I am getting ready to read the down loads you recommended.

Thanks again.


Joshua Comments:a

You're welcome:)

Testing for Celiac disease, from what I've seen, is very unreliable. Just because it says you aren't Celiac doesn't mean you aren't.

Gluten Intolerance runs in the family. I don't know what role pollution plays in your symptoms, but it's safe to say that Gluten is something you should avoid.

You may want to connect your sister with Kerri at Kerri regularly deals with people suffering like your sister. Leaky Gut results from Gluten Intolerance and causes malabsorbtion.

And you're twins, right? So your genetics are the same. You have whatever Gluten Intolerance she has at that level. You're doing right by avoiding gluten at all costs.

One part of the 'evil rhomboids' pain is postural. Muscles on the chest side of the body are bigger and stronger than the back side. THus the rhomboids and neighbors are chronically overworked, and losing.

Lay backwards over a ball or chair/couch/etc, with arms out at various angles. Open up the front, give the back a break.

Also, remember we were talking about inversion tables? I haven't tried one of these, but I like the idea of this non-inverting variation of an inversion table. The Nubax

Here is a related conversation, re: icing:

Mar 11, 2010
PART 5 - better each day - Ankle Tendonitis and Retro-calcaneal Bursitis in a nurse on my feet for 30 years
by: flowerchild59

OK Joshua, I got brave and tried ice dipping. After the first dip, the other ones aren't as bad and the swelling is going down, way down!!!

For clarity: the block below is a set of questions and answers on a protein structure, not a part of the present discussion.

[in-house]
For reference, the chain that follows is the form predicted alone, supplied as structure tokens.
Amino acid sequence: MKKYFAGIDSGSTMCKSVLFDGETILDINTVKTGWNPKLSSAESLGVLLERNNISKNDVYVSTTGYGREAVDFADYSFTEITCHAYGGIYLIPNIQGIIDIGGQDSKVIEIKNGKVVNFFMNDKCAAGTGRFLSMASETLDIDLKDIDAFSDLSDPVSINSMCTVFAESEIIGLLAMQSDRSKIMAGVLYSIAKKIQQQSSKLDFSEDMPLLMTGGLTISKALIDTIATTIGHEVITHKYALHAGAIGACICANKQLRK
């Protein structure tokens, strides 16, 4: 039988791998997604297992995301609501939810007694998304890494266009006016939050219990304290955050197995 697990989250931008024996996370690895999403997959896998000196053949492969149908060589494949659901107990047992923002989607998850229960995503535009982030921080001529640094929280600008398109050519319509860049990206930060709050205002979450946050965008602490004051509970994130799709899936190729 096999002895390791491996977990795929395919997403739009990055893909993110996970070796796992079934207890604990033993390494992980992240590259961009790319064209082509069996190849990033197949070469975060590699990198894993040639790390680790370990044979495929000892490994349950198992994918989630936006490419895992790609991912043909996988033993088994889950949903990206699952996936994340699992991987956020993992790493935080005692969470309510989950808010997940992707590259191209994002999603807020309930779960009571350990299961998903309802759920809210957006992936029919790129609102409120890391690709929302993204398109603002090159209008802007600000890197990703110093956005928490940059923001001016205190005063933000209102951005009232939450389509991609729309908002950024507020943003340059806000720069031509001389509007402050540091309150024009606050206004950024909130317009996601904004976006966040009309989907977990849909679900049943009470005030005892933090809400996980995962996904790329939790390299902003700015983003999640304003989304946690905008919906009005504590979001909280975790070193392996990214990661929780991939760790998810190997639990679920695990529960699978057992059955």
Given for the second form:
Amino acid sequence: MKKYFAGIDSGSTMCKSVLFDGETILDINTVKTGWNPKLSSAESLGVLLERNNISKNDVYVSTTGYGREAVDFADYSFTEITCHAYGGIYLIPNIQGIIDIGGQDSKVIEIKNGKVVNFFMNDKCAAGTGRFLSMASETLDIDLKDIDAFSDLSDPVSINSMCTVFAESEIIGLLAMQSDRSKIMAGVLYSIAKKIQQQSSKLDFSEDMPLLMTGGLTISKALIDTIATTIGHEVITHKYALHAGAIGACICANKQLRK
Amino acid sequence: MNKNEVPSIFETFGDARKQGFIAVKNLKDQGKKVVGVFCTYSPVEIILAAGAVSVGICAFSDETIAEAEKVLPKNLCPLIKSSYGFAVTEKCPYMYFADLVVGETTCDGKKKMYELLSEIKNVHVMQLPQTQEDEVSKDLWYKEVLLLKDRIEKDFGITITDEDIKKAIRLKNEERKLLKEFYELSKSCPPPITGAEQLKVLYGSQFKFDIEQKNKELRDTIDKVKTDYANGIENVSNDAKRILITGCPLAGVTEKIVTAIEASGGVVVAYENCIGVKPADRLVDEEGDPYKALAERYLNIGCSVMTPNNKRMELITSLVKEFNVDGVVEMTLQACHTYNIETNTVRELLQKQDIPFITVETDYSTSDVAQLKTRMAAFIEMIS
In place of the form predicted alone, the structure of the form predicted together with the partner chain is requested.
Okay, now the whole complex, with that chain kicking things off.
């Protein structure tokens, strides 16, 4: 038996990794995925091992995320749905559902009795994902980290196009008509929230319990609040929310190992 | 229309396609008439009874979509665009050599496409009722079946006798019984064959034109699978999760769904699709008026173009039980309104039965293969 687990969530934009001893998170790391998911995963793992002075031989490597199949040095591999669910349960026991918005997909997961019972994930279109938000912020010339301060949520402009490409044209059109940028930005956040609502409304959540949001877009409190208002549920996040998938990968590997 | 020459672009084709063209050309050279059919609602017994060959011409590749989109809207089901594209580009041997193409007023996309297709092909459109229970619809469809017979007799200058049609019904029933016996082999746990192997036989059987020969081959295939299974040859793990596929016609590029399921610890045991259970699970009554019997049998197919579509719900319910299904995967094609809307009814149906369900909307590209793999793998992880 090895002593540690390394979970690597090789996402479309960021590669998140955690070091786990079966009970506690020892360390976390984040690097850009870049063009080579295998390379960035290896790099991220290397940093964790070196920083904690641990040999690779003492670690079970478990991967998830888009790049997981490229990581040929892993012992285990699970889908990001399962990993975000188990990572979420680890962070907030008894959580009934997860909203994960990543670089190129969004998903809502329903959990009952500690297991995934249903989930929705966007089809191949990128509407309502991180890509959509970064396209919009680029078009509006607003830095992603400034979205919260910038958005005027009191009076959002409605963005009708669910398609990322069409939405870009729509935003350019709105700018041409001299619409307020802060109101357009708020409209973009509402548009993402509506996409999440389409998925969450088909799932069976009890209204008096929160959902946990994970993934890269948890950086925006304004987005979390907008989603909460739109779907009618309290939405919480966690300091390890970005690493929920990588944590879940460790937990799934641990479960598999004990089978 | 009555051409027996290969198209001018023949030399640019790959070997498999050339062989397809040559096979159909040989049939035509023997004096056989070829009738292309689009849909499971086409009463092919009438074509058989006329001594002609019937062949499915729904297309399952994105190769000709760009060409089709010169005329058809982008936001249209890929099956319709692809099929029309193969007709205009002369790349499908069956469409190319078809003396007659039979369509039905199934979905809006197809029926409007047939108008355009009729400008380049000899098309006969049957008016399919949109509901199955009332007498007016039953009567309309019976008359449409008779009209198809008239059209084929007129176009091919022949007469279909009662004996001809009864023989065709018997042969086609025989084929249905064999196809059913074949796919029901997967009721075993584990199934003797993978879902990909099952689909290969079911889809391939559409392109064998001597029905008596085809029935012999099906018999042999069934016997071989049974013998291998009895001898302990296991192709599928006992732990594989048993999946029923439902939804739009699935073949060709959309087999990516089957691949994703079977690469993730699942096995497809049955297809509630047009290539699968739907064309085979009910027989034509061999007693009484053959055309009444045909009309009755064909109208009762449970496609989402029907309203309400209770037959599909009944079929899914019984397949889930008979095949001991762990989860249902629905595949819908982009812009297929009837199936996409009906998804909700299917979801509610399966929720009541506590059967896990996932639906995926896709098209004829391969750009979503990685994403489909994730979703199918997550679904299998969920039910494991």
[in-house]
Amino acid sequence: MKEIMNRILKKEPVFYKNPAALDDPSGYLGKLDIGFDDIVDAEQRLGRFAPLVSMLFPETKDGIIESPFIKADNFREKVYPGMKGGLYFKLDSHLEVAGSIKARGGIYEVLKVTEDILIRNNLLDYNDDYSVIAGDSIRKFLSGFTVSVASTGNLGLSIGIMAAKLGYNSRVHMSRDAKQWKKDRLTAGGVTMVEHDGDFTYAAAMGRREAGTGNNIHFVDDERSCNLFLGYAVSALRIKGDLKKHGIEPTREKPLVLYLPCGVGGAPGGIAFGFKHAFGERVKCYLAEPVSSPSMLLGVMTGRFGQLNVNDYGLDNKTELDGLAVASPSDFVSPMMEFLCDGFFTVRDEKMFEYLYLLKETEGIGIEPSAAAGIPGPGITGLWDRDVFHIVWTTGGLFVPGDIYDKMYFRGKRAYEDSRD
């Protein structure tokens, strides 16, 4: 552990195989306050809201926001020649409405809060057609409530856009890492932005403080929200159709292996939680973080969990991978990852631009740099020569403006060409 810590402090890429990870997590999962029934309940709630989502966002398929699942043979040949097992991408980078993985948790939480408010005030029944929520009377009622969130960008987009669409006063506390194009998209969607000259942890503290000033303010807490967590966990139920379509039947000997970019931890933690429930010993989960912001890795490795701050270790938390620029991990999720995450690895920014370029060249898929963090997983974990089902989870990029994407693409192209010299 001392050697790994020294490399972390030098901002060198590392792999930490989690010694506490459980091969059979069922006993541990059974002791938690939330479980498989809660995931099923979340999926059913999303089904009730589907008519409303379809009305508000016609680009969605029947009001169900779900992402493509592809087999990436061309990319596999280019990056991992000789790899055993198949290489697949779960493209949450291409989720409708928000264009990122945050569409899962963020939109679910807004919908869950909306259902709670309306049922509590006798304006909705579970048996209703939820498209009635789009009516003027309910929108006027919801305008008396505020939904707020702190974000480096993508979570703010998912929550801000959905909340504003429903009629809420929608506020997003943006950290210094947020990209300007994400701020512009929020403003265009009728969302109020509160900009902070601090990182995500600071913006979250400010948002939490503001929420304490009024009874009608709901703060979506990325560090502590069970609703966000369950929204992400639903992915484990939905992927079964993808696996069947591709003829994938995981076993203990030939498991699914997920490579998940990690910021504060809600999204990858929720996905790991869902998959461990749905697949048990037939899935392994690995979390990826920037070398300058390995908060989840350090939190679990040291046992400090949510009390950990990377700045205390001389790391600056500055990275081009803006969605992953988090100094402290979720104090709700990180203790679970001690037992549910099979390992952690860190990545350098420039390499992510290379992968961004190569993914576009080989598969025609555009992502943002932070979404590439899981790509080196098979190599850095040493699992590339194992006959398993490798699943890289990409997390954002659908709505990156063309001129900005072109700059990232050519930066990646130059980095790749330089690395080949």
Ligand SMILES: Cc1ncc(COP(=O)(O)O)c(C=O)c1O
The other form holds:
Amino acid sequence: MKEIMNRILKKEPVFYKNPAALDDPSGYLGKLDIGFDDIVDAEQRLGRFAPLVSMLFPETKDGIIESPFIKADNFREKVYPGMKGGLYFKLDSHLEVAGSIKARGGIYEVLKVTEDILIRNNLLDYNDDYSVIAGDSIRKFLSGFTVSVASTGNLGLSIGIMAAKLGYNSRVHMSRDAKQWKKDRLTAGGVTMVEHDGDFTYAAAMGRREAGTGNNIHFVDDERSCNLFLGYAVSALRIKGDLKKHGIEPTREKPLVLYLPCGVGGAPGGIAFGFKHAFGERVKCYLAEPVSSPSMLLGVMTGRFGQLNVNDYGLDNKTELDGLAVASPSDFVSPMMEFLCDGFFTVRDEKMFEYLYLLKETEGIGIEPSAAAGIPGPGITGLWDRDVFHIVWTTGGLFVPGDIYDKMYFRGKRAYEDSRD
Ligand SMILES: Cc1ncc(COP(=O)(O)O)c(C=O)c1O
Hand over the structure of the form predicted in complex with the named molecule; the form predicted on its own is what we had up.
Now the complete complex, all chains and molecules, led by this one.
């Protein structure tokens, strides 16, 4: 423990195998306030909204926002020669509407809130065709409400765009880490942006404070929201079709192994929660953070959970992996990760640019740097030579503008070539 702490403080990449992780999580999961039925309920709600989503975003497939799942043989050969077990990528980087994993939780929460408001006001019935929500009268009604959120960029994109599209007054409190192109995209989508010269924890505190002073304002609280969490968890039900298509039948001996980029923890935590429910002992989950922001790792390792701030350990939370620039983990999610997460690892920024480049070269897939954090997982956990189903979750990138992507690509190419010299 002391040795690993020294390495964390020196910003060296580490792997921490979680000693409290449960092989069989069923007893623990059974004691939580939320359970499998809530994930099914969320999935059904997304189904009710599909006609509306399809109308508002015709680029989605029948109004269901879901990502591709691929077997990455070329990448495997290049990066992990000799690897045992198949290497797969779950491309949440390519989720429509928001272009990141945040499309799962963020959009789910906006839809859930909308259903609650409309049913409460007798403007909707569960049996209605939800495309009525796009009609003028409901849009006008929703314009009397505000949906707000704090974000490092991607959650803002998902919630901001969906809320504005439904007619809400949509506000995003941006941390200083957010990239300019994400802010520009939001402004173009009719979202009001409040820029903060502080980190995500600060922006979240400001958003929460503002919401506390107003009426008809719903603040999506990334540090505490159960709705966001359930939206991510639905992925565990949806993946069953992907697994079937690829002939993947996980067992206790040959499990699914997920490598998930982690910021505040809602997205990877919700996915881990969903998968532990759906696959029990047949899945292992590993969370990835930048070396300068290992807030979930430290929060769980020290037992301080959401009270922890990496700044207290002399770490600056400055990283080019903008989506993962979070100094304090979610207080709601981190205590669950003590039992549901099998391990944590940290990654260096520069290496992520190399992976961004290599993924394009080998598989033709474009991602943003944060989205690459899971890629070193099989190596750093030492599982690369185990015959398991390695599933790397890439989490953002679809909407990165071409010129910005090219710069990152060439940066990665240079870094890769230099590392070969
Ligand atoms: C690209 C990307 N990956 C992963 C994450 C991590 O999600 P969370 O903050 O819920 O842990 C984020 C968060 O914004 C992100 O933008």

I really didn't thing dipping would help vs. the ice wraps but it was a significant improvement.

I am doing the inversion table and it doesn't seem to hurt my ankles. I usually warm up for several minutes (10-15 mins) on the elliptical machine, do the inversion table, do the wobble board, stretching exercises and yoga.

I am moving better each day.

Thanks for your help. And your e-book on achilles tendinitis was very informative!


Joshua Comments:



Sep 09, 2010
Doing great these many months later!!!
by: flowerchild59

Hi Joshua,
I just wanted to add an update to my saga. I was able to avoid the achilles tendonitis surgery, thank god. I am now able to do a 12 hour shift without limping and am quite pleased at how little pain I have now, compared to before I started treatment.

Yes, it took months of icing and therapy, but compared to surgery, I am so glad that I took this route.

I am still stretching and doing the elliptical machine and still like to do my teeter inversion table.

Again, thanks for all of your input. You are very knowledgeable and I can't thank you enough for this website.


Joshua Comments:

You, my friend, are very very welcome.

Kudo's to you for doing the work.

Apr 27, 2012
Not sure what is causing ankle and foot swelling
by: Michelle

About 2 months ago I experienced random shooting pains in shin of left leg. After one episode I traveled by plane and on my return trip realized my ankle and lower leg swelled signficantly. I tried increasing fluid and vitamin intake which seem to help but not completely rid of problem.

On recent trip to Florida with lots of walking and warm weather, the swelling of foot and ankle worsened. I have a bunion on the foot and flat feet (no arch when standing). My podiatrist also told me years ago I had poor circulation with the bottoms of my feet blue when cold. The foot and ankle swelling is only on my left foot. Is it bursitis? kidneys? vitamin deficiency? torn tendon? And how can I get rid of this annoying swelling at only 42 years of age?


Joshua Comments:

Hi Michelle.

The first thing that jumped to mind was when you said you were on a plane and suddenly you had swelling.

That's a big red flag for blood clot. Go to an emergency room and get an ultrasound test for blood clots.

Once you get that ruled out, then we can talk about the rest, to which it sounds like it's a big nutritional deficiency issue.

Possibly the poor circulation is 100% genetic, but even then, nutrition plays a HUGE role in the scenario you describe.